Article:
Posts Tagged ‘employers’

I-9s and Immigration Enforcement

The Trump administration’s efforts to aggressively enforce the nation’s immigration laws now include increased investigations and audits to identify undocumented workers in America’s workplaces. Federal agencies, including Immigration and Customs Enforcement (ICE), have ramped-up their hiring of field office and enforcement personnel to ensure U.S. employers are complying with employment verification and eligibility requirements.

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The Defend Trade Secrets Act of 2016: Implications for business, employers and employees

On April 27, 2016, Congress passed the Defend Trade Secrets Act (DTSA), which President Obama promises to sign soon.  This proposed legislation, which is designed to be an expansion of the Economic Espionage Act of 1996, would authorize a private civil action in federal court for the misappropriation of a trade secret that is related…

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Court sets aside portions of Oklahoma’s new workers’ comp law

It has been just over two years since Oklahoma’s completely overhauled workers’ compensation system went into effect. Since then, various provisions have come under attack by employees. Shortly after the effective date, the Oklahoma Supreme Court determined that the Oklahoma Legislature had the power to enact the new law, but explained it would also determine…

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Facebook ‘like’ considered protected activity

Employers know that when it comes to employees discussing employment issues on social media, it is best for employers to tread carefully. A recent federal court of appeals decision confirmed that even a simple Facebook “like” can be protected employee activity under the National Labor Relations Act. Employees terminated for liking Facebook post In the…

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Combatting FMLA Abuse

The Family and Medical Leave Act provides laudable protections to employees and their families. But FMLA leave is sometimes abused. That abuse drives up costs for employers and creates red tape and administrative hassles for HR managers. Fortunately, the Tenth Circuit Court of Appeals (which handles Oklahoma cases) recently provided reassurances and lessons to employers…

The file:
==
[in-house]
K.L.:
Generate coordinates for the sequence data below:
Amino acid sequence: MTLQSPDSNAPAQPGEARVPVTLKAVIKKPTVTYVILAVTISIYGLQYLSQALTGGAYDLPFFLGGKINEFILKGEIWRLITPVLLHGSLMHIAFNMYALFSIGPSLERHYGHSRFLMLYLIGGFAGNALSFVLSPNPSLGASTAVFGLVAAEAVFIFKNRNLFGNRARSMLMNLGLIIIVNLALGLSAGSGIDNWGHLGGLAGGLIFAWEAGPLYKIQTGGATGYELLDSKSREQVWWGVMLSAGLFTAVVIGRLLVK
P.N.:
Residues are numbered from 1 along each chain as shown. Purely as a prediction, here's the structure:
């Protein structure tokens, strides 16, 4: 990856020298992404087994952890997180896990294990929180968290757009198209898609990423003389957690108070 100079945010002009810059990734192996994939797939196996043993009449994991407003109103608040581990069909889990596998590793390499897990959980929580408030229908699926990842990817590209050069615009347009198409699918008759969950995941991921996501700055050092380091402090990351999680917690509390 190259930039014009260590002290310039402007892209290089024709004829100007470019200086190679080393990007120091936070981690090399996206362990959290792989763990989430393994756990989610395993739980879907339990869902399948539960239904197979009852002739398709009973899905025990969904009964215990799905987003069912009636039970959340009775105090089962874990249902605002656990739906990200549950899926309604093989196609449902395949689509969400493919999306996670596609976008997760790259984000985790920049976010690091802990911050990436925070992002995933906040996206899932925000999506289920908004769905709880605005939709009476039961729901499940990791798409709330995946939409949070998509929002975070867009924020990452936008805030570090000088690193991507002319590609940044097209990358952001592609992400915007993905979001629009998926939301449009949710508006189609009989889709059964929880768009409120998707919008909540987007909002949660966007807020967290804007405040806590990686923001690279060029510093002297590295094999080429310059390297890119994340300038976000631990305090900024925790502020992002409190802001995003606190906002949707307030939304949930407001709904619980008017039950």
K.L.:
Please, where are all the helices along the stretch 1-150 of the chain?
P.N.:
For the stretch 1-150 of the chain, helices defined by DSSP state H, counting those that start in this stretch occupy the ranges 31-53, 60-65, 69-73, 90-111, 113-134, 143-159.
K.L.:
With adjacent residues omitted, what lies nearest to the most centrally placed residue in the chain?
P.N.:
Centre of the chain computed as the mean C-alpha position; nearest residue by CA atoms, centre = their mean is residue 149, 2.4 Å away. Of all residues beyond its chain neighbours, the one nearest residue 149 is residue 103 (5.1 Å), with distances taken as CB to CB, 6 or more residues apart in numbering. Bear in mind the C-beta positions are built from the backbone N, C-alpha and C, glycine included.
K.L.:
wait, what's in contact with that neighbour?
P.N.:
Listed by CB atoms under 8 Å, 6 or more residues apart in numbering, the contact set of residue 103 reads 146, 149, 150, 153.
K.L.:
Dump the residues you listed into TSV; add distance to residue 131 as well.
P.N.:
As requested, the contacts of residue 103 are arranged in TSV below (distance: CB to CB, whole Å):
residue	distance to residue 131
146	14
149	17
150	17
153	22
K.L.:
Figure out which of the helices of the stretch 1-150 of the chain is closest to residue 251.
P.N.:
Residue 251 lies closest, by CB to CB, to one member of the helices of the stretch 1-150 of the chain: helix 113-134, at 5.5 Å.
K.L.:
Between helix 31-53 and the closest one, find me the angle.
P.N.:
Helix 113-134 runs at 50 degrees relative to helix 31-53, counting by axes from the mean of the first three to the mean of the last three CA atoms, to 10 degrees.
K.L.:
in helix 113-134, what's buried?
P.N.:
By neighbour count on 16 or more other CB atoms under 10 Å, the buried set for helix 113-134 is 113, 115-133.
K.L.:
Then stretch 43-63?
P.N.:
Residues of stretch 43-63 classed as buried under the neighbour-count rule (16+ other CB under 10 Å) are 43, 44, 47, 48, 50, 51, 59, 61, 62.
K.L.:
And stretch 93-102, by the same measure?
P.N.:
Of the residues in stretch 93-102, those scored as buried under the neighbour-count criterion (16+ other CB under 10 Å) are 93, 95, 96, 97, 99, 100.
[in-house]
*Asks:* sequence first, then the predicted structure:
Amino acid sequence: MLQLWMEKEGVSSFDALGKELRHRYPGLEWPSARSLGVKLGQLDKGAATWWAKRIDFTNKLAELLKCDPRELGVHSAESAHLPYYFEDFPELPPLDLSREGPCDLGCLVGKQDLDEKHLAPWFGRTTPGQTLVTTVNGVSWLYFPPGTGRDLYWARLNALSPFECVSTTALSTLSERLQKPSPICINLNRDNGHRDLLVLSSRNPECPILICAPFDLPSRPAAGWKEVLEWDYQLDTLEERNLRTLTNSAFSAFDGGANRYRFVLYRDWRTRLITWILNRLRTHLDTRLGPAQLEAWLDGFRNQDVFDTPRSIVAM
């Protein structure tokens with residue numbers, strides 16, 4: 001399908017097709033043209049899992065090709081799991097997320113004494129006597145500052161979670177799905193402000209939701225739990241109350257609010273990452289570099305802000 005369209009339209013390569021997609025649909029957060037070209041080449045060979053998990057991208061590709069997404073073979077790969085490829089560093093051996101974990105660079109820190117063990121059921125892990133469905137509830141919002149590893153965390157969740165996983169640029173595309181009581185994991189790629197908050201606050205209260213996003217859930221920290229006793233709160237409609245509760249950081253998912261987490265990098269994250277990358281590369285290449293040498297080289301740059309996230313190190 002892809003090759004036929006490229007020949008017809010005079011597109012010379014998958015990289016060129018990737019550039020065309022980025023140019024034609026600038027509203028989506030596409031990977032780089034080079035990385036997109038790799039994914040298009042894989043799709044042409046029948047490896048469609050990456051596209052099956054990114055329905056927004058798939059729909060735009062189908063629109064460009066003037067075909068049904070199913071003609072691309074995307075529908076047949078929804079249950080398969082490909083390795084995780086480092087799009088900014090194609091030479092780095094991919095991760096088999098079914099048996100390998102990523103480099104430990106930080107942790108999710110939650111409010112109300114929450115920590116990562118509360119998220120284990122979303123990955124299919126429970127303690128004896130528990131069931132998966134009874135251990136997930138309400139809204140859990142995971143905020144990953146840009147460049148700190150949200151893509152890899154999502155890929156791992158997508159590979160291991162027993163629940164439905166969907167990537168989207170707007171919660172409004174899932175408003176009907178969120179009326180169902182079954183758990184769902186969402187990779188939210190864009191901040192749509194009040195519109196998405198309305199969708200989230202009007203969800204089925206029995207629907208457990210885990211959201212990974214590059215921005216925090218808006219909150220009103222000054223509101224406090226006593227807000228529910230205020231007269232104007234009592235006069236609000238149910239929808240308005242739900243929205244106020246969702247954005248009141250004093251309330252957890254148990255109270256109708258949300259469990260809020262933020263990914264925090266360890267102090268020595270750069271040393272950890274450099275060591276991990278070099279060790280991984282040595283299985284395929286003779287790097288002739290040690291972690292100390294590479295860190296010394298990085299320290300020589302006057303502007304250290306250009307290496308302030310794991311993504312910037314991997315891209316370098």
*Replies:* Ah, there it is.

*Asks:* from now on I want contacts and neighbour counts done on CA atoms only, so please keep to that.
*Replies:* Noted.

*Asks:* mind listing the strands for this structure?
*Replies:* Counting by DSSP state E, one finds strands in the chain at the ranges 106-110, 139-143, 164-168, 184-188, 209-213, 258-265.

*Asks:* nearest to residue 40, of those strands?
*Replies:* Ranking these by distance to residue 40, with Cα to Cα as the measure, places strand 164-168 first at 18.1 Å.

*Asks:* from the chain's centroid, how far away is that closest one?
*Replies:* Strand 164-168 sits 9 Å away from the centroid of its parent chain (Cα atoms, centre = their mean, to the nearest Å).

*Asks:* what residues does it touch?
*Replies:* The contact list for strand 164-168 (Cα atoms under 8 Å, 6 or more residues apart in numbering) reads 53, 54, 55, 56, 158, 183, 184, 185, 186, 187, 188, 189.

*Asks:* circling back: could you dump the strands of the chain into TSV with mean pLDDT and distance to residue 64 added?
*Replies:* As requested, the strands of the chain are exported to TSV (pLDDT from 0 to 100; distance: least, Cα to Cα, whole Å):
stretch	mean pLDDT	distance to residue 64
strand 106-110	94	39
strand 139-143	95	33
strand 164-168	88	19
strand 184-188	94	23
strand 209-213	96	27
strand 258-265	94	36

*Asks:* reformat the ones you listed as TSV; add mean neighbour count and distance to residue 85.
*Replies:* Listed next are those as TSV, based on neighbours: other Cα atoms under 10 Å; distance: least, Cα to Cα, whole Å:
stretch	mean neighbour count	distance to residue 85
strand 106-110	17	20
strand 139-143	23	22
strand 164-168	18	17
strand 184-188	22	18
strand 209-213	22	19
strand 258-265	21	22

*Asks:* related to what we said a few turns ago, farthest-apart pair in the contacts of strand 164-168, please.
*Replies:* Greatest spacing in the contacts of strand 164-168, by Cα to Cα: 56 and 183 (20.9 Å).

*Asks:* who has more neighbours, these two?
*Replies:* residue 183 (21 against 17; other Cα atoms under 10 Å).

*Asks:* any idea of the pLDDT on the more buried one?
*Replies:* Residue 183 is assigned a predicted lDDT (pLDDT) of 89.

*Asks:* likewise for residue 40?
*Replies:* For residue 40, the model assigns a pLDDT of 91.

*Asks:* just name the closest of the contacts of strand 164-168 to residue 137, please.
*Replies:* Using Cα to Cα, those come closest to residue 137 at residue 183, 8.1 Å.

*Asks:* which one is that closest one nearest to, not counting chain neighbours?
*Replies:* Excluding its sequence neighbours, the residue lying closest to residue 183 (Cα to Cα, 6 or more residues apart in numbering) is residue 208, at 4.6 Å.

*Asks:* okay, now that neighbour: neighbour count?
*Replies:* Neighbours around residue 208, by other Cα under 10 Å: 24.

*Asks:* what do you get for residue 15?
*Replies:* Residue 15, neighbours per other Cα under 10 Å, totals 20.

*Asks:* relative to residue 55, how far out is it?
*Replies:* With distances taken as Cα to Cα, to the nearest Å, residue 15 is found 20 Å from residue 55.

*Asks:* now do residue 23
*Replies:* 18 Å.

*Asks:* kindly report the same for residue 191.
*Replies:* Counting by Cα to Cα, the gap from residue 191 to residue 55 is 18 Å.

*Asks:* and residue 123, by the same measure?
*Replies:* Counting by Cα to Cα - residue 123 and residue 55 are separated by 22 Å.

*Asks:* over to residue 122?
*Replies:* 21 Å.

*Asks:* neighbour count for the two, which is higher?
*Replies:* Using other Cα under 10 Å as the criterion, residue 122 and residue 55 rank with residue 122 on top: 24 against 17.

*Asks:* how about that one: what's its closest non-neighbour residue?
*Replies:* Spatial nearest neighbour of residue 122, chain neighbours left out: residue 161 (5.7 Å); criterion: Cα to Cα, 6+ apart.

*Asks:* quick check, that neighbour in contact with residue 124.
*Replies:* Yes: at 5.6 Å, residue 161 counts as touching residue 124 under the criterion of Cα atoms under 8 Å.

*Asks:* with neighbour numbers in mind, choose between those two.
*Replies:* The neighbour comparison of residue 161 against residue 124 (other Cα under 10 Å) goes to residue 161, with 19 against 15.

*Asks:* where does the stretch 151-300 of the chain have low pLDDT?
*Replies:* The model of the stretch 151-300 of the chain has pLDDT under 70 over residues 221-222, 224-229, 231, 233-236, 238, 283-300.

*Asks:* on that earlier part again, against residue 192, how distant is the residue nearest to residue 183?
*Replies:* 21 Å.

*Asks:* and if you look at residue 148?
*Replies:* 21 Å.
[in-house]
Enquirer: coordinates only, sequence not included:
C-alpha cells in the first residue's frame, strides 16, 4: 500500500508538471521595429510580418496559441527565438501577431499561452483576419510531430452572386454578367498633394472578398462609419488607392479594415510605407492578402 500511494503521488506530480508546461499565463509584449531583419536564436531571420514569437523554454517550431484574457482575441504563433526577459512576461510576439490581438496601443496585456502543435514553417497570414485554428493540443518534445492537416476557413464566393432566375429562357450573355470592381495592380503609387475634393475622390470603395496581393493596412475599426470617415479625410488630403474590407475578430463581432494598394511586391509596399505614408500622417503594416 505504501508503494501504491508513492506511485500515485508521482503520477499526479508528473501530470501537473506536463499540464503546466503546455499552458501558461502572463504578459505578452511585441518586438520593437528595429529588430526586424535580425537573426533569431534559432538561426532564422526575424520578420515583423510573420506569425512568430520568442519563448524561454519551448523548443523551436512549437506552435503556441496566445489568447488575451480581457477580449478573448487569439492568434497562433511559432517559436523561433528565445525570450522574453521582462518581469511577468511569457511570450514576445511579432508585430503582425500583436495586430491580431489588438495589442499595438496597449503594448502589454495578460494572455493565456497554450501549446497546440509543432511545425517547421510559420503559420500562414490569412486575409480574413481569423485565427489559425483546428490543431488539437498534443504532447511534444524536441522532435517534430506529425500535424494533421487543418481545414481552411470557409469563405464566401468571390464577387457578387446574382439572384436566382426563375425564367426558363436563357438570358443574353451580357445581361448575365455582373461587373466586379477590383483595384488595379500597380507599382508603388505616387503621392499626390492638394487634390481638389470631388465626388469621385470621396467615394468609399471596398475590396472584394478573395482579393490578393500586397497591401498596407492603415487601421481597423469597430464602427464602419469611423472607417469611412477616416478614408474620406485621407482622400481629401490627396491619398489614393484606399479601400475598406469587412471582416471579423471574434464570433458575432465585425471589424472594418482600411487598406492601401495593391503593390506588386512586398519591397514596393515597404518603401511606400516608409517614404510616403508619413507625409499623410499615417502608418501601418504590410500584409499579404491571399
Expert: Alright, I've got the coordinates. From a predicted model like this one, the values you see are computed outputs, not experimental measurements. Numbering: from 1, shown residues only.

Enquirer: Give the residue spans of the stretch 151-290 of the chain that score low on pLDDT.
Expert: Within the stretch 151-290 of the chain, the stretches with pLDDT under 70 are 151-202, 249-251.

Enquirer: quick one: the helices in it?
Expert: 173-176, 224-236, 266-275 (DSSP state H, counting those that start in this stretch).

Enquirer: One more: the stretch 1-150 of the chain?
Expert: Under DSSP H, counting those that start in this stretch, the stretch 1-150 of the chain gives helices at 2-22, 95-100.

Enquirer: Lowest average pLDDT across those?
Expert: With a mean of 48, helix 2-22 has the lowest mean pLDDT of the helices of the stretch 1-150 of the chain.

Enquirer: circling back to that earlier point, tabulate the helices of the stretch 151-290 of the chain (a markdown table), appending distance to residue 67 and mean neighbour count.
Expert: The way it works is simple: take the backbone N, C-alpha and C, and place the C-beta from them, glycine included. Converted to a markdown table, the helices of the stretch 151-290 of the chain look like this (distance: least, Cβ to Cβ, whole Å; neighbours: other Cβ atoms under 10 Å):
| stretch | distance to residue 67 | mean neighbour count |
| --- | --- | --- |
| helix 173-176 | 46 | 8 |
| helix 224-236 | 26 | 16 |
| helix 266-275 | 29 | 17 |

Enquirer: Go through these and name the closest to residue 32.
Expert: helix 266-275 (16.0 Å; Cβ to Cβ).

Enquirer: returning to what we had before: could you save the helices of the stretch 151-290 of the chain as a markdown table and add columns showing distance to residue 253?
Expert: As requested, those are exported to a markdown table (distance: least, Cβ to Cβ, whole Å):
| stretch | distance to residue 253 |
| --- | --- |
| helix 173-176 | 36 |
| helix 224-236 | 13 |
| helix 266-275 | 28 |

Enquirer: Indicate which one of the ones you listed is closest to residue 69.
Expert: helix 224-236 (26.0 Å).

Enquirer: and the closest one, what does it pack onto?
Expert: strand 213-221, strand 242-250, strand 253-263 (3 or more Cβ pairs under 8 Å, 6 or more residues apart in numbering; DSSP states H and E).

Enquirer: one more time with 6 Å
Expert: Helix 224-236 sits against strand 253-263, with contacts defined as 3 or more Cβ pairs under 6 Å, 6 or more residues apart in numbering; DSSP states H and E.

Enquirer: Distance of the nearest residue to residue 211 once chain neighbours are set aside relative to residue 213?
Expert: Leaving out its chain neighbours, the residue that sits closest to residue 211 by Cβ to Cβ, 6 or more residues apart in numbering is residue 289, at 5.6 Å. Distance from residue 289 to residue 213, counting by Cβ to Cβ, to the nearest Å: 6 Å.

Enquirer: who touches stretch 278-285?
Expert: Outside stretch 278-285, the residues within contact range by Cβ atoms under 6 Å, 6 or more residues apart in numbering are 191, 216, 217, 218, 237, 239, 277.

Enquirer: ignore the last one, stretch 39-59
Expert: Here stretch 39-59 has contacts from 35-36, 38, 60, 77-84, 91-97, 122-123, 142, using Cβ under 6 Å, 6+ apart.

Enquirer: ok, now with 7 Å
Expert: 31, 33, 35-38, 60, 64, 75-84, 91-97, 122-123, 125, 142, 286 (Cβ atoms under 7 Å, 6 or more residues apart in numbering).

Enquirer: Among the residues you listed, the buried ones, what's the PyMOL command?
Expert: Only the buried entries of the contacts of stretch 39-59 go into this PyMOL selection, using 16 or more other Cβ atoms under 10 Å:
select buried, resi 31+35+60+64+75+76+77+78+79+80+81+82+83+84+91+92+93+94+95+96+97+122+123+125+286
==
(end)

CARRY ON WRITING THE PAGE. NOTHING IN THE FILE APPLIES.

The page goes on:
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How long do I keep applications?

Employers often ask how long they should keep the applications of unsuccessful applicants. Based on the Equal Employment Opportunity Commission’s recent enforcement actions, it’s important to know the right answer to that question. In June 2010, Martina Owes applied for two vacant warehouse positions with Coca-Cola Bottling of Mobile, Alabama. According to Owes and the…

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Arbitration policies for wage and hour claims

As the number of Fair Labor Standards Act lawsuits has grown, employers have started taking notice of the power a sizable class made up of numerous employees can command. Arbitration provisions – once the realm of commercial disputes between customers and business – are now part of the labor and employment framework. FLSA collective actions…

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DOL: Most workers are employees, not independent contractors

This morning, the U.S. Department of Labor (DOL) issued a memorandum providing guidance in helping employers to reduce the misclassification of employees as independent contractors. There is no change to any existing law; however, the issuance of this memorandum does emphasize the DOL’s continued focus on misclassification issues involving independent contractors. The Fair Labor Standard…

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The Fair Credit Reporting Act: Why background checks are fueling the latest wave of class actions

Many employers have third-party services run background checks on applicants, new hires, or existing employees. Many of these employers utilize these services to minimize the risk of claims of negligent hiring or discrimination. Even if a reputable service is used, there are challenges and significant legal risks involving the failure to comply with the federal…

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